I blame a lot of factors on my failure to breastfeed Izzy.............false ideas given by the book I read..........lack of advice from the midwives and health visitors (actually I did get some advice from one midwife "nobody said it was going to be easy"!!!!!)..........nobody actually checking my latch position...........lack of support.
This time however I was determined to give breastfeeding a go. Luckily on a trip to my midwife drop-in clinic at my local Sure Start centre there happened to be a La Leche League drop in clinic and I met a lovely lady named Lesley. I told her all about my problems feeding Izzy and that I was determined to give it my best shot ever with my soon to be born son. Lesley was amazing, she gave me some advice about latch positions and leant me a book called "The Womanly Art of Breastfeeding" by Diane Wiessinger, Diana West and Teresa Pitman. I didn't read it all, instead I just dipped in and out of the chapters I thought were relevant.
I was shocked to discover how important skin-to-skin contact is in the first few days after birth. I kept a very open mind and gave birth to a healthy 9lb 5oz baby boy called Charlie. Straight after his birth I gently offered him my breast and like a miracle he started to breastfeed........and didn't stop for 4 hours! I fed Charlie on demand, which meant practically constantly for the first week! Nobody tells you that can happen........ I only ever read that babies should go hours between feeds, my little boy was a real booby man. I didn't ever let him cry for long. If he did I would pick him up, cuddle him or change his nappy and if that didn't work then I would offer him the breast. At first it was hard and one night he fed from 4pm until midnight but he gradually went longer an longer between feeds.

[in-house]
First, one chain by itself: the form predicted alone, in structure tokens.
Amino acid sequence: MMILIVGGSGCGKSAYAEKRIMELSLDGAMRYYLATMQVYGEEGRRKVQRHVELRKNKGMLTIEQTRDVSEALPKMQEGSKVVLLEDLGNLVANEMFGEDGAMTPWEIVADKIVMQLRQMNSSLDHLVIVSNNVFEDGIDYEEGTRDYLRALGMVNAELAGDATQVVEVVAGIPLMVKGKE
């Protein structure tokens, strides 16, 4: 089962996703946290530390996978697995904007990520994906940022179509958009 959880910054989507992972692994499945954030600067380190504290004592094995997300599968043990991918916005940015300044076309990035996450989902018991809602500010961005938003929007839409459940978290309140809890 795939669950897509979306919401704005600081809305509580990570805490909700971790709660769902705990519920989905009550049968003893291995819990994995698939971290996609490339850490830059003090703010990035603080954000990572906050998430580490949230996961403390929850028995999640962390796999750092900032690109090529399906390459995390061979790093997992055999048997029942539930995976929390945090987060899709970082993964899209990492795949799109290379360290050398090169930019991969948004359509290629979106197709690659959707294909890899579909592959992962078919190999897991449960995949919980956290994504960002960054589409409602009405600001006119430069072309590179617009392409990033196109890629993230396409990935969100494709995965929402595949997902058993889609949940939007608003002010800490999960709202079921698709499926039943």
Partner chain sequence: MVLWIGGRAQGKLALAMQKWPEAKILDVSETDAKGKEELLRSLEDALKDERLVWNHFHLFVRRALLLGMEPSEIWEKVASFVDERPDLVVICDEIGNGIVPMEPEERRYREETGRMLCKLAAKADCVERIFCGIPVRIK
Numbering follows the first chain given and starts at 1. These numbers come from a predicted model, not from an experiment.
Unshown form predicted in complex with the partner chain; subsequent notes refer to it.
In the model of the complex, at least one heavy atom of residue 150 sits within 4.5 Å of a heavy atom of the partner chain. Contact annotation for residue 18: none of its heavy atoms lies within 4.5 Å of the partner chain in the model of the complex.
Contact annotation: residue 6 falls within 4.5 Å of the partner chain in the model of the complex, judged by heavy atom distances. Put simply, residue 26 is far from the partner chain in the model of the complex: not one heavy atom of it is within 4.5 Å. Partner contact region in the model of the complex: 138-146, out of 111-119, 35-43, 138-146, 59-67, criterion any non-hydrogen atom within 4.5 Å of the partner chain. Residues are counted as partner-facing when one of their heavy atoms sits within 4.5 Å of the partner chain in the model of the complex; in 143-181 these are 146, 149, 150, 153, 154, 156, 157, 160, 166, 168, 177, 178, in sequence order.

The best thing I have ever done is to listen to Charlie. I remember a health visitor telling me, when Charlie was about 2 months old, that he should be going at least 3 hours between every feed. I got quite upset and almost listened to her until I went to my La Leche League meeting and was reassured to feed Charlie when he wanted feeding, not when some woman told me he should be fed. It made perfect sense, I bet the health visitor wasn't abstaining from Mars Bars when she got a bit peckish so why should I make my 8 week old hold out when he was hungry?